DCIF research reveals pension’s engagement gap between high and low earners

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Industry research by The Defined Contribution Investment Forum (DCIF) has found that people who have higher incomes, and who are members of higher social grades, are more engaged with the pension savings process than those with lower earnings.  

The research showed that factors such as income, knowing where their funds are invested and age has a significant influence on whether people have actively engaged with their pension and have carried out activities such as working out their pension value. 

Over a third of scheme members earning £40,000 or more per annum said they had made an active choice about their investments against only 22% of those earning less.  This means that higher earners were more than 50% more likely to make an 'active choice'.

Despite this, almost one third of those questioned had a low comprehension of the level of investment risk they are taking with these funds.  The research also showed that not only engagement but also awareness of risk increases with income and social grade; those who knew where their savings are invested and choose their own funds were more risk aware and were willing to accept more risk.  Those who actively chose where their pension funds should be invested also have the highest expectations of what they will receive at retirement.

The research revealed that those who expect their pension to pay less than what they will need expect to make up the gap in a variety of ways. The majority (26%) plan to use other savings, whilst 18% plan to increase their pension contributions. Some intend to sell their assets (14%); the same proportion plan to cut back their living expenses. A small proportion (6%) plan to rely on an additional pension earned elsewhere.

Commenting on the findings, DCIF executive director Louise Farrand said: “It is clear from this research that many people don’t seem to have a plan for living in retirement. Consumers seem to think that their pension will be sufficient to sustain them but, given that UK households’ savings levels fell to the lowest rate on record at the end of 2015, according to the Office for National Statistics, is it realistic to depend on them?  It is also worrying to see that engagement levels are so clearly delineated by income level, with the savers on the lowest incomes the least engaged with their pensions.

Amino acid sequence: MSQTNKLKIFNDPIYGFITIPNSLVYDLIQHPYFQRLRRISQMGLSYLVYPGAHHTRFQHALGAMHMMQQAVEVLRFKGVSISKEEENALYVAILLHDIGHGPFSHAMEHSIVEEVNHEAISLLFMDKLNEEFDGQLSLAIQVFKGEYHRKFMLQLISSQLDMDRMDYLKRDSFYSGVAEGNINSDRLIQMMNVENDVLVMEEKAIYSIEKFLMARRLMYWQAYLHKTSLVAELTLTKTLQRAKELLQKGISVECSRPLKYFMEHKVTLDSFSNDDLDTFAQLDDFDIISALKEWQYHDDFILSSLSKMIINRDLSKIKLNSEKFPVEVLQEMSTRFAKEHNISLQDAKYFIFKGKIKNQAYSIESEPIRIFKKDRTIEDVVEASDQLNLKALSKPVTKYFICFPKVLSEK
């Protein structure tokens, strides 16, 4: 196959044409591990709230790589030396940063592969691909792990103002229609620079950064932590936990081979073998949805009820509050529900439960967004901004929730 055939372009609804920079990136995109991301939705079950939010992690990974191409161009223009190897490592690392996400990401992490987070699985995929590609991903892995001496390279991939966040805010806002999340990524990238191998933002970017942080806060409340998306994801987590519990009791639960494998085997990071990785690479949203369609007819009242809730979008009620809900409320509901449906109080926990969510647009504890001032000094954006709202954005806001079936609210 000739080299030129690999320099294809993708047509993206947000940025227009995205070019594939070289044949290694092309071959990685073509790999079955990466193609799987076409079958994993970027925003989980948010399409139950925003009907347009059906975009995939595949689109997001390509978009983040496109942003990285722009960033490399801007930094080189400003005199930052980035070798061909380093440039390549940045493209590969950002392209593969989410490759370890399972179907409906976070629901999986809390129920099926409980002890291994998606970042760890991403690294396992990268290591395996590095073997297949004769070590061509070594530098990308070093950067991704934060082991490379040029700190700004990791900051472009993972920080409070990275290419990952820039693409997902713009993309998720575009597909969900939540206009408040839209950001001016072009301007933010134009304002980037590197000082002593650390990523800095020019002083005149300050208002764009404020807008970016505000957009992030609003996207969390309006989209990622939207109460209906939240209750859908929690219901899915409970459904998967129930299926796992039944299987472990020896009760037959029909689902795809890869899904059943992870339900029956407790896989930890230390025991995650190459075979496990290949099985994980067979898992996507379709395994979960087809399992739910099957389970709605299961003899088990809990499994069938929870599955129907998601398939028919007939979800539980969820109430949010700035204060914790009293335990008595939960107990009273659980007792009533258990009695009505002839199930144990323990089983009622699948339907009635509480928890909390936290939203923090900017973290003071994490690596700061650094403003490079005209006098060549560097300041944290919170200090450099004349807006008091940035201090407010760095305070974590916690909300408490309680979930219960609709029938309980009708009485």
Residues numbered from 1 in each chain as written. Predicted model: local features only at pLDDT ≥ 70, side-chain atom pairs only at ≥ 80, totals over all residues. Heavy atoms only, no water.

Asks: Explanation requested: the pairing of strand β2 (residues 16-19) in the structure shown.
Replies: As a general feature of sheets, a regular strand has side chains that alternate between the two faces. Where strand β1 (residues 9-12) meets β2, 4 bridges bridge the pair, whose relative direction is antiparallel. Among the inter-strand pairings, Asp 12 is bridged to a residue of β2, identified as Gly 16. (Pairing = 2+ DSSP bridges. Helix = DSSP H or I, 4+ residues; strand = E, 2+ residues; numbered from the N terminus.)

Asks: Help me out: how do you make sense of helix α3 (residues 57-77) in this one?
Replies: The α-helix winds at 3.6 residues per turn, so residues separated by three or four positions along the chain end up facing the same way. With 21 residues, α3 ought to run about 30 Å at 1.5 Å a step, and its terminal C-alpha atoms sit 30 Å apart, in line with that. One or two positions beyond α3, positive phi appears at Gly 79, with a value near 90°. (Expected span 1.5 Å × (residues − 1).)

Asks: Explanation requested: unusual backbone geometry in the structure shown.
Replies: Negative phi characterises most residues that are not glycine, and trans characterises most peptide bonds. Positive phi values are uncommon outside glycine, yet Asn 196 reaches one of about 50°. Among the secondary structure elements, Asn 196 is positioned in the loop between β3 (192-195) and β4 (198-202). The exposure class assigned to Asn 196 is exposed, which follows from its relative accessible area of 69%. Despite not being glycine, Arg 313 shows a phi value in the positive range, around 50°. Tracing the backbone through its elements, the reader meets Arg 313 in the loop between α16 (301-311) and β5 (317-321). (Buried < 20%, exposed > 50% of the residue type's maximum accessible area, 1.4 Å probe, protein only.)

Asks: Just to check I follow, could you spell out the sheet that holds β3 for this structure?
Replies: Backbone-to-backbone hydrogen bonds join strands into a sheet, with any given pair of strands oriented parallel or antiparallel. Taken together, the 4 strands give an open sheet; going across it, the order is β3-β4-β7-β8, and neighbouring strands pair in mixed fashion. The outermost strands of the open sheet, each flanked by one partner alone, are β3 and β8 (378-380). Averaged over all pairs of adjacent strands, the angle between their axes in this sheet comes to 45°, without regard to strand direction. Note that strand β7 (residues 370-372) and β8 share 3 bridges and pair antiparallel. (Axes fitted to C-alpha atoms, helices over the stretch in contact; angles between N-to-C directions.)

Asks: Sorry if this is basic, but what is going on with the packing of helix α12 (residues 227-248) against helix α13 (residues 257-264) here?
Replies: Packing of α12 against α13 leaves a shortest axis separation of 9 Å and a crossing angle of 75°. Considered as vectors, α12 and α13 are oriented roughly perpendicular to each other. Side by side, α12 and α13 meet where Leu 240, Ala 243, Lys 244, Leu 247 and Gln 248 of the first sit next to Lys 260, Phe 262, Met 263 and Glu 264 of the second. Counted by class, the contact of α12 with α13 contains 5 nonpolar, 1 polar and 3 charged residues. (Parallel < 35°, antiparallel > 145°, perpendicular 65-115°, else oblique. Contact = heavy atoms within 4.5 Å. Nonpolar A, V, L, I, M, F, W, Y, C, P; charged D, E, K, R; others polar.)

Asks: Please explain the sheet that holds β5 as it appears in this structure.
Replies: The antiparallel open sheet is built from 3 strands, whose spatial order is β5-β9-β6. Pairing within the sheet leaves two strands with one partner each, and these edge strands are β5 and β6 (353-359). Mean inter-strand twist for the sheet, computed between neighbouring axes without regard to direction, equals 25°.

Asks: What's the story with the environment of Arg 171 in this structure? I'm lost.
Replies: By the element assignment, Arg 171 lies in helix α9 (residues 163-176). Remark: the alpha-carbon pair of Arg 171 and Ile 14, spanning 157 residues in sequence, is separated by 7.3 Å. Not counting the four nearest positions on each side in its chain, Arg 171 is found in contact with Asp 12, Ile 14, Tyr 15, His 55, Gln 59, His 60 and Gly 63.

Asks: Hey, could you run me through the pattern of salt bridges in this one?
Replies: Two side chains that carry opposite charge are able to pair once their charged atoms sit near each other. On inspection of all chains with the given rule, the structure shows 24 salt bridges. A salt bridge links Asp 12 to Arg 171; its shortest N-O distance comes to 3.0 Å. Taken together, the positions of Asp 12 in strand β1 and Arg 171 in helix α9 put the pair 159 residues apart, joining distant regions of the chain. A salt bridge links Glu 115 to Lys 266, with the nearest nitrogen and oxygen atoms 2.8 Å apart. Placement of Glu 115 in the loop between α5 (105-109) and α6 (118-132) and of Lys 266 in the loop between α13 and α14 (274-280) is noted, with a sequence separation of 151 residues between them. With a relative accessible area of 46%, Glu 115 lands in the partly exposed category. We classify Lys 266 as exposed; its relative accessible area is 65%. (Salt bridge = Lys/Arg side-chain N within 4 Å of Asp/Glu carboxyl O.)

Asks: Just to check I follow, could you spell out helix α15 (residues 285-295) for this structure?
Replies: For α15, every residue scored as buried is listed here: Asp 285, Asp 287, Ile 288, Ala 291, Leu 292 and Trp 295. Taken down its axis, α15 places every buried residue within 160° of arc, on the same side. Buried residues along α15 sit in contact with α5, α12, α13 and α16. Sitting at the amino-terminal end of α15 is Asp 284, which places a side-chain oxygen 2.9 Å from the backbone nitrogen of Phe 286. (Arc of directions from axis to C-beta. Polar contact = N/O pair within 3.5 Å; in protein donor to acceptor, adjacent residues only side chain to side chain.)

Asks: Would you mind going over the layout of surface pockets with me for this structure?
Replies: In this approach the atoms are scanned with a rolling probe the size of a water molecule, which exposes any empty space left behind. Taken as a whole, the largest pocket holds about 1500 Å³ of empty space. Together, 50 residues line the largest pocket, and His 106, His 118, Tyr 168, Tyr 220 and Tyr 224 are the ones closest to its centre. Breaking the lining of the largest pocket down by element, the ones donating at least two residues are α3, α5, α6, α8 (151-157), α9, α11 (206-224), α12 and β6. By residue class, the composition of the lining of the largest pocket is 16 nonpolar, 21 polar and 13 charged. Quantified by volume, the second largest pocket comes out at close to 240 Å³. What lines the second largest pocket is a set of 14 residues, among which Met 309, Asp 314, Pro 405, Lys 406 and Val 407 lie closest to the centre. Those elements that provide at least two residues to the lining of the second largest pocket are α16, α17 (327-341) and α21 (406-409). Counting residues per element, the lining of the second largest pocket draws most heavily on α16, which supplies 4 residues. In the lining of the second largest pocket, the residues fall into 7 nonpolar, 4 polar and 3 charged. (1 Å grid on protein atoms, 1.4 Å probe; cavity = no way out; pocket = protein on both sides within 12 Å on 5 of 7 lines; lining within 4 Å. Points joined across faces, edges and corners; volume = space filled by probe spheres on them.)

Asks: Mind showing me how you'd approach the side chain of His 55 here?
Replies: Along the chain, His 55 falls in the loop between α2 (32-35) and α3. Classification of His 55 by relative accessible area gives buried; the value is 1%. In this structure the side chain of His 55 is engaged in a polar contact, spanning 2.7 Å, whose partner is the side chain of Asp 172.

“It’s still early days for auto-enrolment, however, and so far the opt-out rates are very low, which is extremely encouraging. It is also encouraging that a significant proportion of savers have made an active investment choice. In the longer term, savers will have no choice but to engage with their DC pension savings if they want to retire in comfort. Many will need to make an active decision to increase their contribution rates to a sustainable level, and when they reach the age of 55, freedom and choice will demand further engagement with some complex decisions.

“Auto-enrolment was created to bring the disengaged into the pensions fold and help them to engage with their savings and work towards a more comfortable retirement. Phase one has been a great success, but these survey results illustrate the importance now of focusing on the next challenge - member engagement.”

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